Utah's job growth declined in February to 2.3 percent, mirroring the nation's downward trend in employment growth, the Utah Department of Workforce Services reported Tuesday.

The 2.3 percent growth in the state's nonfarm wage and salaried jobs was a decrease from January's 2.6 percent. The department revised its January figure from its original estimate of 2.8 percent.

The department's chief economist Mark Knold attributed the decline to diminishing jobs in construction work.

"Utah's construction industry is shedding jobs," he said. "That means that not only have jobs been lost, but the job-loss trend will continue."

He added that permits for new home construction have recently fallen by as much as 70 percent.

Economic factors that would halt or reverse the downward trend are not imminent, he said.

"When you look at the subprime mortgage issues and high Utah housing prices, it's just difficult to see 2008 being the year when they get sorted out and it all comes back into balance," he said. "You almost get the feeling like 2009 is the earliest you'd see something like that."

About 28,100 new jobs have been created in the Utah economy during the past year, raising total wage and salary employment in the state to 1.25 million jobs. Since February 2007, the U.S. economy has added 810,000 new jobs, a growth rate of 0.6 percent, the report said.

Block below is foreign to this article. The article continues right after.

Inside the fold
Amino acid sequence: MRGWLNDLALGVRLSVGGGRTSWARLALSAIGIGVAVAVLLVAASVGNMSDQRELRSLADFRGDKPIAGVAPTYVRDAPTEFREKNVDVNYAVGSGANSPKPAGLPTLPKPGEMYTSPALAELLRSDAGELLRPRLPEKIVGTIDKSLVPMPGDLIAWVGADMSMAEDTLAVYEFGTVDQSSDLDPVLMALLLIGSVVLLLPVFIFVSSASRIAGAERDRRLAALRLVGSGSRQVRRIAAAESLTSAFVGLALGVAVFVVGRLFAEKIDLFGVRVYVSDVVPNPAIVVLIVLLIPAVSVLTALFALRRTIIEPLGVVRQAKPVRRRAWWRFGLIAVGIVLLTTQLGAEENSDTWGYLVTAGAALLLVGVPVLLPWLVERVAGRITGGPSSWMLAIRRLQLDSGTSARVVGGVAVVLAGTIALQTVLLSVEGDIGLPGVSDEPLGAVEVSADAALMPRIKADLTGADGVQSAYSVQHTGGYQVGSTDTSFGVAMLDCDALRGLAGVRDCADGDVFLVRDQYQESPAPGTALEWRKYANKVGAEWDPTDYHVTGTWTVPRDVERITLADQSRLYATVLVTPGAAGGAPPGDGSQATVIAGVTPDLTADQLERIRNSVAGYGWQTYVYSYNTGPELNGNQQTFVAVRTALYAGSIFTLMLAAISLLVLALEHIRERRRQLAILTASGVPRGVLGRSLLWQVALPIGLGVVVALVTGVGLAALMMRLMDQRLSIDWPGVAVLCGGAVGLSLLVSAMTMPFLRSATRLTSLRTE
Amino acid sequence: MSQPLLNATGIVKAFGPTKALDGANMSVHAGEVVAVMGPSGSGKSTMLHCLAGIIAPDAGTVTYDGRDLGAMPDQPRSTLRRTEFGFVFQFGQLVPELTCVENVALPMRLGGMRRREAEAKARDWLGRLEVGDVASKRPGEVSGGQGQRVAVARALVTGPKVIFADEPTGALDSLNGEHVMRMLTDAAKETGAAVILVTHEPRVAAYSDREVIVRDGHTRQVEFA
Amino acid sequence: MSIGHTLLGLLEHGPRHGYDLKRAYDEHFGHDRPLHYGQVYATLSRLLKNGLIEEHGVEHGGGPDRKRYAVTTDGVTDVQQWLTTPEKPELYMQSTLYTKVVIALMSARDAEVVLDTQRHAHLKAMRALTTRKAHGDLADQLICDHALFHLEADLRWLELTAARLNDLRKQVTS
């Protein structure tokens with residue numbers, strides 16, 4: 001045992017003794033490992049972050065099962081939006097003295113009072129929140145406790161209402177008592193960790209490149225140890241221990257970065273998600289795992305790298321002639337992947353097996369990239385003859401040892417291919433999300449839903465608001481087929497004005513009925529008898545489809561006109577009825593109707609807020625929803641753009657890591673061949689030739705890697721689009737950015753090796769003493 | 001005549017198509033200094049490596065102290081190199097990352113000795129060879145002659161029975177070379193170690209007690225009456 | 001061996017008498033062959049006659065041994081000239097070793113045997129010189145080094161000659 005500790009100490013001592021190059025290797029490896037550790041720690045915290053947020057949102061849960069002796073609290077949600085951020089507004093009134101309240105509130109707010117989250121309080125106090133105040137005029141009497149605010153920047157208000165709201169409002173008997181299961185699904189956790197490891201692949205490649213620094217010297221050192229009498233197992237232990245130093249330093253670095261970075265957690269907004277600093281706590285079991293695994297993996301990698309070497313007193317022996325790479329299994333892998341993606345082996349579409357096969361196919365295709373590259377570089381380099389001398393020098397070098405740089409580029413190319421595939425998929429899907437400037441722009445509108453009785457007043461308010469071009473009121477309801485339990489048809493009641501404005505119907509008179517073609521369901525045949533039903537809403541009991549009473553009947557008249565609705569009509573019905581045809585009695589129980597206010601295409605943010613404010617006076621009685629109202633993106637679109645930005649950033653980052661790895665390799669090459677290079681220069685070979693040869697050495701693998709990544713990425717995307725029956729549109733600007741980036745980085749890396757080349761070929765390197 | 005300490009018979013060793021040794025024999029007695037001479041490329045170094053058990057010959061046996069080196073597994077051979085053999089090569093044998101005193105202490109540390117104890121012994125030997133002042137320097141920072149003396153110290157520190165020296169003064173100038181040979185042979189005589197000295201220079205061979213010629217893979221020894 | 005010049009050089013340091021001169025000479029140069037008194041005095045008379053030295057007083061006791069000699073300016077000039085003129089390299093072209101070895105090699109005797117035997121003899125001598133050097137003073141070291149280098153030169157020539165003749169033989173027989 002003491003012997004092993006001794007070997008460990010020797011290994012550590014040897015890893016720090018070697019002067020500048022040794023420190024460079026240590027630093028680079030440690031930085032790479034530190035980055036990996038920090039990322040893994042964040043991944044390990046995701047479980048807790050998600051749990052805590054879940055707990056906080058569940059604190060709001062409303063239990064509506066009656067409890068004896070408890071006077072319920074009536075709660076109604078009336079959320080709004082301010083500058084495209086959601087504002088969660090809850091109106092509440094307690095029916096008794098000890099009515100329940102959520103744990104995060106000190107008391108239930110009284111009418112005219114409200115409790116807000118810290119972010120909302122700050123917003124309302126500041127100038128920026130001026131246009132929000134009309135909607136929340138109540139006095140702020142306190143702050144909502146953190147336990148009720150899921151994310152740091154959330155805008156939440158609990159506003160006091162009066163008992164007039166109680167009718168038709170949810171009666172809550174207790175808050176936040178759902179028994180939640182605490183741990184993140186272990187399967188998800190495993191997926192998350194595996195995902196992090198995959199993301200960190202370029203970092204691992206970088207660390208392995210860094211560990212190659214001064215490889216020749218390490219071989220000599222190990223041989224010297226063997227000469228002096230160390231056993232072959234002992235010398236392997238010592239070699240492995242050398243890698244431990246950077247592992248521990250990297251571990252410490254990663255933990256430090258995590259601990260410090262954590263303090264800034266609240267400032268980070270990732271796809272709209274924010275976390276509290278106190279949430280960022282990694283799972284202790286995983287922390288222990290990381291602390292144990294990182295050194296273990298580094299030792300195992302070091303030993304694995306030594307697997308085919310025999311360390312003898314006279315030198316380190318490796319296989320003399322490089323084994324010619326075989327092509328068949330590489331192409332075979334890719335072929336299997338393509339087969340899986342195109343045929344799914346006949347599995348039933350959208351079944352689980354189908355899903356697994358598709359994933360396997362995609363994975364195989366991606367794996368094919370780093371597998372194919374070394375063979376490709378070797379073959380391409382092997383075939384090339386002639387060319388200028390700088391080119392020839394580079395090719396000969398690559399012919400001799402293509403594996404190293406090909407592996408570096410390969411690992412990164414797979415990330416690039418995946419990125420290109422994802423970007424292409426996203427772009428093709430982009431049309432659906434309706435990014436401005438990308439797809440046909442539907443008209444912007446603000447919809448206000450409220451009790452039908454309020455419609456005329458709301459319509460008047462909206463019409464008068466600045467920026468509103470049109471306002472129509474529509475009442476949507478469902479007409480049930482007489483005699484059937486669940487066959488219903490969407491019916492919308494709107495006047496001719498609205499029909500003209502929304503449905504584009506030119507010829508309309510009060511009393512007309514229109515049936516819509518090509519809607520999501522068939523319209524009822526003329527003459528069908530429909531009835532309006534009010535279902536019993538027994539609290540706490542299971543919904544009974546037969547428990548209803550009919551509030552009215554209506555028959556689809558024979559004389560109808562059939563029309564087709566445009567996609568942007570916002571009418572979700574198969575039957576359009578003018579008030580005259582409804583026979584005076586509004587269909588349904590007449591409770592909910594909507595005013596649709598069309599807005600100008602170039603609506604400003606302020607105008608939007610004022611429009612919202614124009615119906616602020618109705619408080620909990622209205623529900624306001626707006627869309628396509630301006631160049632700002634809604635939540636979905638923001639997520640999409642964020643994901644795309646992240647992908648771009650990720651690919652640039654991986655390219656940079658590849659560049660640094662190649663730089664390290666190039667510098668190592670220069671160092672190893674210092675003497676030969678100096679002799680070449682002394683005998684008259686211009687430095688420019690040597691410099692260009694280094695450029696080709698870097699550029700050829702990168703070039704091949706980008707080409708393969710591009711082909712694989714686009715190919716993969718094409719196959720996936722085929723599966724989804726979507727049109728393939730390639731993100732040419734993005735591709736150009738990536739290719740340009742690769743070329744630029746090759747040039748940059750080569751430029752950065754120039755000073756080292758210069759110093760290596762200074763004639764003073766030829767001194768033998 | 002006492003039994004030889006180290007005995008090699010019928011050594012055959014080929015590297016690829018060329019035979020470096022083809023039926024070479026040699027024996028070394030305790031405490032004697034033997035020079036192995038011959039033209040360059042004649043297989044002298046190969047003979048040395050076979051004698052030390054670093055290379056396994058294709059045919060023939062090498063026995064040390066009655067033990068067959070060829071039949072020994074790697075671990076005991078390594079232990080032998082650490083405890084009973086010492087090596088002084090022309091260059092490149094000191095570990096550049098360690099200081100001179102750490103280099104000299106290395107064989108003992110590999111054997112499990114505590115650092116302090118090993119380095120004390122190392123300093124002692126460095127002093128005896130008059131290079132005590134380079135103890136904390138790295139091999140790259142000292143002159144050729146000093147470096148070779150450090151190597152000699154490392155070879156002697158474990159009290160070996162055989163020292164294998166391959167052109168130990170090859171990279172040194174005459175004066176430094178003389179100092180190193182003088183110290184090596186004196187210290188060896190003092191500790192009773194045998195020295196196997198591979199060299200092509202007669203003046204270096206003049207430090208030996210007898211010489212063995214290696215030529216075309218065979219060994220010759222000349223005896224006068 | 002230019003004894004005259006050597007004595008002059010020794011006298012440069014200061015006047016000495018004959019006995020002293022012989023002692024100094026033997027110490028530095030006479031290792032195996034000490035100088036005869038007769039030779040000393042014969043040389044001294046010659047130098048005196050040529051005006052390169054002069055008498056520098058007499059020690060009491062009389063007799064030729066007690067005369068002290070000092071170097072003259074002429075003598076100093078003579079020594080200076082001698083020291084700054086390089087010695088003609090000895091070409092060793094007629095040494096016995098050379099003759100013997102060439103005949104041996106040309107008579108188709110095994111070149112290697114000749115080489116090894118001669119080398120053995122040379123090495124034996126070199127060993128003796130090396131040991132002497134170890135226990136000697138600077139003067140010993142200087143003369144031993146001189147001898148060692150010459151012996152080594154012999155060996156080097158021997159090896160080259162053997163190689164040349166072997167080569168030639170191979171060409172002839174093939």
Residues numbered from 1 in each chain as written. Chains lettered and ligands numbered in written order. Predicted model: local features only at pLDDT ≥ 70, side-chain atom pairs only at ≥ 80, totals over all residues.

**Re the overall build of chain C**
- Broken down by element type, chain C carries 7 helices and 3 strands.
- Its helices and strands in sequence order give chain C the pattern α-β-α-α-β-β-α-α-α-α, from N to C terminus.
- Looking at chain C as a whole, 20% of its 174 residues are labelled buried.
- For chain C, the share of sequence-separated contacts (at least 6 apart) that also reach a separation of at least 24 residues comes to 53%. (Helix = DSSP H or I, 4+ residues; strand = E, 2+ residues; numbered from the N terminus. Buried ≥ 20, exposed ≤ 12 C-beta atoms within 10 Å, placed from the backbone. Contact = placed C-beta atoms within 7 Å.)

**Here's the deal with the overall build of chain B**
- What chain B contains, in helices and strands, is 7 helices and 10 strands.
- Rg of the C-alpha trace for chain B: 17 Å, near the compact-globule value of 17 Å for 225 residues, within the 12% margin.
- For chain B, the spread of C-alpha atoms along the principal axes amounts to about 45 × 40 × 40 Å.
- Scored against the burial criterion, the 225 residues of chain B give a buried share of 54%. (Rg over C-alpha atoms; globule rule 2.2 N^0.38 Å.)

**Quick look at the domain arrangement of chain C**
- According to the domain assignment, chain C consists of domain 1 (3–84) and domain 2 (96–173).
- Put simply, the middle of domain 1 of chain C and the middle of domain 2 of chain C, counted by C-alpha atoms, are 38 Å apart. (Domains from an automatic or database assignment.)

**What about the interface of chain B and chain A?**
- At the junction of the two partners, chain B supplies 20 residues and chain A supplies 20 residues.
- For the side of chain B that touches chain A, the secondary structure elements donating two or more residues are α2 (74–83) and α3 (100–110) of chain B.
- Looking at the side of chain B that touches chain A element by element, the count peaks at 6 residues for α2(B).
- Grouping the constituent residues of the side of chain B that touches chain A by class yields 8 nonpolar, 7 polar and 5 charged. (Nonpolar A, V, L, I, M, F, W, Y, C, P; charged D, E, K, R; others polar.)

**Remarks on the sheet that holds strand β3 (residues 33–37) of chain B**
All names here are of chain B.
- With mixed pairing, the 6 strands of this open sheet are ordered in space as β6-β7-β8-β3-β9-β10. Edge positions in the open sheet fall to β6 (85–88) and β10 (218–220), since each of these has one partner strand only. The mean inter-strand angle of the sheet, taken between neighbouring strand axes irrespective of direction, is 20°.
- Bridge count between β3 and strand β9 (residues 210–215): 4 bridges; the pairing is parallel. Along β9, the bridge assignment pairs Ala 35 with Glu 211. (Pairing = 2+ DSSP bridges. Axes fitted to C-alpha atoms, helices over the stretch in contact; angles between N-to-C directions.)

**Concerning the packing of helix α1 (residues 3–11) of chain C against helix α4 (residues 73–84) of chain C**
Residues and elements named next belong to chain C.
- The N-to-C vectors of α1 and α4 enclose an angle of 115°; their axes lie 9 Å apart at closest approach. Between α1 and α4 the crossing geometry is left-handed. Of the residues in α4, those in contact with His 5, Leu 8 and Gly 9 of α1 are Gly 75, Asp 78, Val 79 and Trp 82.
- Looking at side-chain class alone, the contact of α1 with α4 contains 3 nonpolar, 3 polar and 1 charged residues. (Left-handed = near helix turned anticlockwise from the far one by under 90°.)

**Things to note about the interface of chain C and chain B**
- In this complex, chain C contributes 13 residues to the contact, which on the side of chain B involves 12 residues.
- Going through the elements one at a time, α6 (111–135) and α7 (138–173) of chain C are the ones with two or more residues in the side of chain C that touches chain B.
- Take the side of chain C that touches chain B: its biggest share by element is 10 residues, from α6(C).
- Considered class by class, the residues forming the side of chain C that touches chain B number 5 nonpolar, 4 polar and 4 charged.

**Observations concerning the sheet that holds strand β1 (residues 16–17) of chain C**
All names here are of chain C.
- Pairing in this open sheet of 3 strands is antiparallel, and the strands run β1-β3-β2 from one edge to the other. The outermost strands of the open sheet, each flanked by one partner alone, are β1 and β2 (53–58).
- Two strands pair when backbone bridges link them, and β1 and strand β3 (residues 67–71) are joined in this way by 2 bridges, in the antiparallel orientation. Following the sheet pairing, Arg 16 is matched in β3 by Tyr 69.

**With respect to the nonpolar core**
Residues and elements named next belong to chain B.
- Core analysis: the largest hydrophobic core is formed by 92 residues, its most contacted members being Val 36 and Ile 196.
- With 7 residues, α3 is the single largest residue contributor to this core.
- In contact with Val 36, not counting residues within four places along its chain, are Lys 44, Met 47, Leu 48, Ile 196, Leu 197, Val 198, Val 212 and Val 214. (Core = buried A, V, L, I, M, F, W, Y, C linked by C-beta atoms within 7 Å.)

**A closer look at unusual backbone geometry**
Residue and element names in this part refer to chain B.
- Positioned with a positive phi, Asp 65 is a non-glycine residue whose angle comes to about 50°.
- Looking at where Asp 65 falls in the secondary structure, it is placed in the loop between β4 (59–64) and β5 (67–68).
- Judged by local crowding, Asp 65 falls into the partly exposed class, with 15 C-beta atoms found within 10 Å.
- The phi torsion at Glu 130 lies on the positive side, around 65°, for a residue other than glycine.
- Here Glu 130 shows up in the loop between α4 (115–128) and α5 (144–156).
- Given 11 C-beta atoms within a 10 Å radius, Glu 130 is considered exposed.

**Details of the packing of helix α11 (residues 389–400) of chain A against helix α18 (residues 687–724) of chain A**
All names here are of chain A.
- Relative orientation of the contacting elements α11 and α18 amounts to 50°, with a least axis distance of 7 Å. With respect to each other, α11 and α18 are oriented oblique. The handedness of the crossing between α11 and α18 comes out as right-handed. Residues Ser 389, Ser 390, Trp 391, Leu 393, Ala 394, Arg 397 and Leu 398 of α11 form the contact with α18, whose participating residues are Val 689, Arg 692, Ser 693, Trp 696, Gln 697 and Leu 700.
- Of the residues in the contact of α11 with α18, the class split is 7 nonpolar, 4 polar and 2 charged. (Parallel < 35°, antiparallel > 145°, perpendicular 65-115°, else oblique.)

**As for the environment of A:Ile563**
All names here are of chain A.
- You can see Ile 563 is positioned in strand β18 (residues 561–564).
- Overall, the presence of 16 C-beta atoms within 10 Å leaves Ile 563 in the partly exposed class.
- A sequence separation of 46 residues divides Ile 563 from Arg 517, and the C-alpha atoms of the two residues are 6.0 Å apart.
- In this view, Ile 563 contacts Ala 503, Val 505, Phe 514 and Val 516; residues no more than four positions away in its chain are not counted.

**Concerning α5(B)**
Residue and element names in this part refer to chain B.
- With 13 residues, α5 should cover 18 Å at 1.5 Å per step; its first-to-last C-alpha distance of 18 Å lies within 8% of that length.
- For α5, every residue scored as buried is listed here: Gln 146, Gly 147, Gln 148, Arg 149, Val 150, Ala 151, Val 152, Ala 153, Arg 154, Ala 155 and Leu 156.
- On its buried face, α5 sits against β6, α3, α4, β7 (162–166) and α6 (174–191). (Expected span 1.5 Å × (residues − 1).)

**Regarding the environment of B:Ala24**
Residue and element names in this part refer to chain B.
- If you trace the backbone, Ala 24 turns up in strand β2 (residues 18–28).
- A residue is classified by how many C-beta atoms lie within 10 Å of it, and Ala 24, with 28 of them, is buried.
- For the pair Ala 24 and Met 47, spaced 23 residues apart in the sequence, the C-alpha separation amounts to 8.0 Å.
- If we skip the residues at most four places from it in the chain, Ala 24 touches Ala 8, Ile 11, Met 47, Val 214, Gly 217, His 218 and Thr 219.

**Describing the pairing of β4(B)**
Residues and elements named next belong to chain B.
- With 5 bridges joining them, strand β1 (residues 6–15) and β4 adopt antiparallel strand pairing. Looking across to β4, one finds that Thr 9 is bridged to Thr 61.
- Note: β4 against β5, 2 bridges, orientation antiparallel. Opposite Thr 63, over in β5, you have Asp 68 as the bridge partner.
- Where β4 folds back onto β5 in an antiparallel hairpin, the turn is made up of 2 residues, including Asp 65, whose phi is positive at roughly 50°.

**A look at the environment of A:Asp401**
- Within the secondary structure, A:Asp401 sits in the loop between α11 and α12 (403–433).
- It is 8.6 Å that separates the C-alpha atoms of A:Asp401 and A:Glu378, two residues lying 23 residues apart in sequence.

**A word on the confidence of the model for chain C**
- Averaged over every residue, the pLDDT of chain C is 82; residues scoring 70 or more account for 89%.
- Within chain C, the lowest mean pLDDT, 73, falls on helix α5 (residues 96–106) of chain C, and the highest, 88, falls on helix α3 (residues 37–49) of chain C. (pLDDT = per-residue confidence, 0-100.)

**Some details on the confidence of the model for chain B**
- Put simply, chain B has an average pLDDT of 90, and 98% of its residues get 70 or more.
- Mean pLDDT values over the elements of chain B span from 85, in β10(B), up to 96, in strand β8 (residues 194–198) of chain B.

Knold said demand for housing remains strong because of Utah's demographics. But the construction industry will remain in a lull until Utah's housing prices decrease to be better in line with Utah incomes and current stricter mortgage standards.

"When housing prices fall enough to combine with lending rates to once again equate affordability, only then will Utah start to again build houses in mass," he said. "In the interim, construction will now be a drag upon the economy."

Utah's seasonally adjusted unemployment rate measured 3 percent in February, according to the report. Approximately 41,000 Utahns were considered unemployed last month, compared with 32,700 in February 2007. The U.S. Bureau of Labor Statistics reported the national unemployment rate dropped one-tenth of a percent last month to 4.8 percent.

Knold said Utah's unemployment rate could be in the 3.5 percent to 3.7 percent range by year's end.

"Going forward throughout this year, I would think there is nothing but pressure for the unemployment rate to go up," he said.

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